Cricket White-Green

1. Please introduce yourself.

Don Cook: I graduated from Orem High School in 1962. I started at BYU in the fall of 1962 and graduated from BYU in the spring of 1969 with a degree in finance. Upon graduating, I went to work for First Security Bank and in 1970 was transferred to Richfield/ Monroe, where I did the commercial lending and managed the Monroe branch. I was then transferred to Moab in 1970. My family and I have lived in Moab since moving here in 1970. First Security was merged into Wells Fargo. While working in Moab, I was involved in commercial and real estate lending and managed the Moab branch. While working at First Security and Wells Fargo, I was promoted to an area manager and oversaw the branches in Blanding, Monticello, Moab, Duchesne, Roosevelt and Vernal. I am now retired.

Rani Derasary: My name is Rani Derasary (Rah-nee Der-us-uh-ree). I moved to Moab in 1999 from Oakland, California, where I grew up attending public schools, and earned a bachelor’s degree from the University of California. Since graduating, I’ve worked in park visitor services, outdoor gear sales, revegetation, hydrologic field work, and doing administrative, fundraising and program work for various nonprofit organizations. I currently do administrative work for artist Serena Supplee.

Kelly Mike Green: My name is Kelly Mike Green and I am running for Moab City Council. I am a uranium boom baby and was born in Moab. For those not “native,” don’t worry; it is my opinion that if you drink from Matrimony Springs, this qualifies you as an instant local. We have a lot of interesting folks in this little valley and we do not always agree on how things ought to be done, but in the end I figure we all want the same thing: a great place to call home and that is why I chose to return back to Moab to raise my family here.

Kalen Jones: I have lived in Moab with my wife, Susie, for 24 years. We choose to live in Moab because of its wonderful people, clean environment, and amazing recreation. I grew up and went to college in California. I have owned and operated With Gaia Design, a Moab architecture, planning, and development firm, for 12 years. In my work, I use my technical and creative skills to meet clients’ needs within the constraints of the budget, and building and local codes. I would bring the same comprehensive and detailed approach to bear on making the city a better place to live.

Tawny Knuteson-Boyd: I was pretty much raised on the Wasatch Front, although I went to five grade schools and two junior high schools; I was always the new kid. I graduated from Cottonwood High School and the College of Hard Knocks. I work as the clerk for the Grand County Road Department and I love my job and my co-workers. I have lived in Moab for 12 years.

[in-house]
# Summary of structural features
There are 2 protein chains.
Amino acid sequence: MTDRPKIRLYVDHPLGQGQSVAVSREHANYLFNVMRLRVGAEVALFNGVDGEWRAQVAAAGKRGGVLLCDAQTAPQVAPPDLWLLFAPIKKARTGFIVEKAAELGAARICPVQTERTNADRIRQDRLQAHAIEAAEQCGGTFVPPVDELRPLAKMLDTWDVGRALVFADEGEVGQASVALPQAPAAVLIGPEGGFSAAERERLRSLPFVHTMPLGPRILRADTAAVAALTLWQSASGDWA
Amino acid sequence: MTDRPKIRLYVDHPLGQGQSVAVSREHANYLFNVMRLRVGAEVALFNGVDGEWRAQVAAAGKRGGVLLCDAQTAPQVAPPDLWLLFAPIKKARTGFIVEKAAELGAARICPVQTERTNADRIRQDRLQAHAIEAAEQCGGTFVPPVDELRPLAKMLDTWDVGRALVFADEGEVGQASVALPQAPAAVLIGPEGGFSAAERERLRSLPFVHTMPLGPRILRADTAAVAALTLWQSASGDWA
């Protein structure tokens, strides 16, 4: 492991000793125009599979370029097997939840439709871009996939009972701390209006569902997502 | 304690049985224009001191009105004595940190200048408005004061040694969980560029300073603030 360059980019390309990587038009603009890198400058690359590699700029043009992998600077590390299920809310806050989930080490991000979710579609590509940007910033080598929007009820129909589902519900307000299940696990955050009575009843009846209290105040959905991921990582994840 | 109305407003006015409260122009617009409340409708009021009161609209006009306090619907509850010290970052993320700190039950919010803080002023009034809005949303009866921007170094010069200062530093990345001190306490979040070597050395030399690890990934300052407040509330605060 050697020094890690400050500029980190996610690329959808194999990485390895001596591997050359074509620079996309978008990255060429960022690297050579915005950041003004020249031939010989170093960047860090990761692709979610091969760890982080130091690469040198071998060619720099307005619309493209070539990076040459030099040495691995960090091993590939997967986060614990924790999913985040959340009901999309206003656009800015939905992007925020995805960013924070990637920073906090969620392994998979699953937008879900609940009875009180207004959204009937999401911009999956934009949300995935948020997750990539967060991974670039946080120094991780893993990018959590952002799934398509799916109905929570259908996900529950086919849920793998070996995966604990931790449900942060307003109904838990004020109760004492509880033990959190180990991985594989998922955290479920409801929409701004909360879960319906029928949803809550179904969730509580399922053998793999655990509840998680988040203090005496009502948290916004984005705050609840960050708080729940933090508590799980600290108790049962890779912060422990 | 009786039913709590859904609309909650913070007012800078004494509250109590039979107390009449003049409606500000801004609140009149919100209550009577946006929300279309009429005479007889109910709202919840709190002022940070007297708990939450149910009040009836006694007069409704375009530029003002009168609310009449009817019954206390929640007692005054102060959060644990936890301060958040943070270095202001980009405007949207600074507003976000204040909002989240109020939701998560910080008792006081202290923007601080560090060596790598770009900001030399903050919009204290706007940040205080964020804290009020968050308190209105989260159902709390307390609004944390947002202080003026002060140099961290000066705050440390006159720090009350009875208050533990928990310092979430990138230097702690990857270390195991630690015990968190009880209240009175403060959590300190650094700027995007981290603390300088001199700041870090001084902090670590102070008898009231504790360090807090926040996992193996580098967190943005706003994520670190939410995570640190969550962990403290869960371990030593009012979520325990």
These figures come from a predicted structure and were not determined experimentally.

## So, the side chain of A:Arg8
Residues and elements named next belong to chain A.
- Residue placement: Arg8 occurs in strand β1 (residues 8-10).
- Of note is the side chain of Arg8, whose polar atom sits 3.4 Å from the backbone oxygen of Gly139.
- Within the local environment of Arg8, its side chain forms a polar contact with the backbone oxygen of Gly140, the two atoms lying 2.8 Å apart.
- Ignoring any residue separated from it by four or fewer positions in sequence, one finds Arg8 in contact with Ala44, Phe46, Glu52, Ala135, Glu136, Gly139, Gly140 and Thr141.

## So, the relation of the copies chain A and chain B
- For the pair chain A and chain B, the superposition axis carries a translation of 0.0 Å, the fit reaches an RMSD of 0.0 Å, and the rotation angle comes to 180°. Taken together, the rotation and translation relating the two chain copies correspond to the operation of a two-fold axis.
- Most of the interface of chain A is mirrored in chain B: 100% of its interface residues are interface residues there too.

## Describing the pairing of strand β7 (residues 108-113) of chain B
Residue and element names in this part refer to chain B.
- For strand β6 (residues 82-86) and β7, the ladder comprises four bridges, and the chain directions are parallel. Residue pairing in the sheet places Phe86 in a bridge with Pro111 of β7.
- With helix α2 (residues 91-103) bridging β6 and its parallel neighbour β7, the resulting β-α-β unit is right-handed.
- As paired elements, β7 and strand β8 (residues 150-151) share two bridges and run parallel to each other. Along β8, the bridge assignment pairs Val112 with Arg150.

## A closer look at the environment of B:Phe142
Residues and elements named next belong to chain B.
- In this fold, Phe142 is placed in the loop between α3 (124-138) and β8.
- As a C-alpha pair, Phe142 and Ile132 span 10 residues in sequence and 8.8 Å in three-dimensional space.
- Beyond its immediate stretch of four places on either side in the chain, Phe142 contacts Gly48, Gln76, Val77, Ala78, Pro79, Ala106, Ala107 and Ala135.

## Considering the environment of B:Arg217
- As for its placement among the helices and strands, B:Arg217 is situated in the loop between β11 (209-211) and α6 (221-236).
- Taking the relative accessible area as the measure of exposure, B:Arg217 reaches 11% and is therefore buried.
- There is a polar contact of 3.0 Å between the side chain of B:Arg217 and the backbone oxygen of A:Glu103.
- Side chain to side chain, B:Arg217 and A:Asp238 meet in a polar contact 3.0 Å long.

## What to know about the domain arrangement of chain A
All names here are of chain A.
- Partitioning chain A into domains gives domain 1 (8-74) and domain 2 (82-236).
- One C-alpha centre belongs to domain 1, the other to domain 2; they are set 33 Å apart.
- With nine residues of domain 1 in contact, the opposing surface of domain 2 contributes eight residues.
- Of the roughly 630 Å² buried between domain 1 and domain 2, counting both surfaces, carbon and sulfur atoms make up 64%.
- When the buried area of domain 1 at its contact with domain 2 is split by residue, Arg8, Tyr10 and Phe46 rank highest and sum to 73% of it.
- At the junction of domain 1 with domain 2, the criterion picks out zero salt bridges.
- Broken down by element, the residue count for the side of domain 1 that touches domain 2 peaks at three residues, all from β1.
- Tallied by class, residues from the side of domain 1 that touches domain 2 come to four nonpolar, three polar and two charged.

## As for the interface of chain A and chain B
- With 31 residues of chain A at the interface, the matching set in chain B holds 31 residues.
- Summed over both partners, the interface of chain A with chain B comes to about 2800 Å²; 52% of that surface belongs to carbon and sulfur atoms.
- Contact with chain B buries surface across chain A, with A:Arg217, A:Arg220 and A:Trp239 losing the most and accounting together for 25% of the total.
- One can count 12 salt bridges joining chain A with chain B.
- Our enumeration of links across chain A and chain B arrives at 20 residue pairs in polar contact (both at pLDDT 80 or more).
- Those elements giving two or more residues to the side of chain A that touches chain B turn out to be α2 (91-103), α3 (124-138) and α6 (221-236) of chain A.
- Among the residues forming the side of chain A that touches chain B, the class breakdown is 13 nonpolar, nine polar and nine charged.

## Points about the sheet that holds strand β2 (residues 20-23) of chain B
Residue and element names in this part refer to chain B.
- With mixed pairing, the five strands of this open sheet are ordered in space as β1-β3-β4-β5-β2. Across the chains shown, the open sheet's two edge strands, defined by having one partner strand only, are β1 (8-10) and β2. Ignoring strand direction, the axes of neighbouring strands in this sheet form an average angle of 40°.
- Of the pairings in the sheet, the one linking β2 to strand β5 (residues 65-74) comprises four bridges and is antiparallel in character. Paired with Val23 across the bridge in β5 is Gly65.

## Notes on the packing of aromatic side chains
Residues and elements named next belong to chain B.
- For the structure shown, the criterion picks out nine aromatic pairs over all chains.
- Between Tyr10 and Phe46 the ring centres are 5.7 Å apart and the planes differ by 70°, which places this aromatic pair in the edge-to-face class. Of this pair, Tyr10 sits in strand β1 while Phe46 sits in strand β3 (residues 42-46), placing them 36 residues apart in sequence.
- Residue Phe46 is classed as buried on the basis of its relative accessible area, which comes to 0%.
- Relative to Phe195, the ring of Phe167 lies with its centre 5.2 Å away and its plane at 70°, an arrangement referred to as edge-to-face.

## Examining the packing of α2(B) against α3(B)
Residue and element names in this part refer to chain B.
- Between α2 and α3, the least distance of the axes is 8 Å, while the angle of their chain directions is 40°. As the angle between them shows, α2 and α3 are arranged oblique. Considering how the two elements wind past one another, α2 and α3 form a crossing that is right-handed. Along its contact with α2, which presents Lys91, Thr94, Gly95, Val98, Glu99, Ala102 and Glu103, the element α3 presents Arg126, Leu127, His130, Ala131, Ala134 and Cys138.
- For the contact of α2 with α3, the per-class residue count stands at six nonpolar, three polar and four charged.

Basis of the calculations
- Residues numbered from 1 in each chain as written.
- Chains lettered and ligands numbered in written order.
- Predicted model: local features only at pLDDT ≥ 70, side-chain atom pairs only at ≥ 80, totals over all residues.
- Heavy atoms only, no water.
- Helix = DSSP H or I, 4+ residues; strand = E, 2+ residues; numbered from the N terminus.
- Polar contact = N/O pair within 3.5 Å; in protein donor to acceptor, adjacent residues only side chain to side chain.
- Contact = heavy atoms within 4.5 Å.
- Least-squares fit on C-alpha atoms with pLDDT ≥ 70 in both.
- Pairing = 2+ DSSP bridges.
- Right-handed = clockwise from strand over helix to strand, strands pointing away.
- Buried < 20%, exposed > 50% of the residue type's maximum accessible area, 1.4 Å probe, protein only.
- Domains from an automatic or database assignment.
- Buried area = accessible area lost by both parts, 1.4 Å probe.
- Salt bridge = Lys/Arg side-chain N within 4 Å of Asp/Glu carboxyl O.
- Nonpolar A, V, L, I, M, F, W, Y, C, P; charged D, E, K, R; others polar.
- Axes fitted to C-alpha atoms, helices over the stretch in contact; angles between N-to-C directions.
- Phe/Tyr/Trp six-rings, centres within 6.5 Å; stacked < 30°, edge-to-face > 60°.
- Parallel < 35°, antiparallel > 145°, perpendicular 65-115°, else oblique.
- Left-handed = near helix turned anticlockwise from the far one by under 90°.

Christine “Cricket” White-Green: My name is Christine “Cricket” White-Green. I am a 1978 graduate of Grand County High School and a lifelong resident of Moab. I grew up on White Ranch, now known as Red Cliffs Lodge, and my dad was my boss for my first 18 years, where I learned to work hard for the “brand” as the company is a reflection of your work. I was a waitress for 14 years before I changed careers, becoming a title agent for 21 years and working on land and water searches, and examinations specializing in State of Utah water conveyance forms. I was encouraged to continue my work in regards to water rights by those in the business of water, so I do that part time and help my husband of 37 years, Kent, in a small business venture. I am loving being able to work with him every day!

2. Describe any previous public service or community involvement.

Don Cook: I served on the hospital board here in Moab for eight years. I was chairman for most of those years. I was involved in the Moab Rotary Club for all of the years I worked here in Moab and helped with many service projects.

Rani Derasary: I’ve always tried to make a difference in my community. In California, I learned how local, national and international parties can partner to help communities have a greater voice in how their water resources are allocated and managed. Locally, I served on the WabiSabi board (2008-2013), was program director of Canyonlands Community Recycling (CCR) (2010-2012), and have volunteered with Arches National Park, Grand County Hospice and Splore. At CCR, I started twice-annual electronic waste collections, and partnered with Solutions of Moab and the Postal Service to expand paper recycling. WabiSabi widened my understanding of the impressive groups in Moab that provide vital and enriching services, and the generosity of Moab’s businesses and residents in making this work possible. Running for Moab City Council is my first pursuit of public office. I’ve built my campaign around citizen concerns, based on talking to residents, business owners and city staff. I have attended every city council meeting since becoming a candidate June 8, plus public meetings addressing issues affecting both the city and county. I believe the time I’ve invested has made me a more knowledgeable and prepared candidate.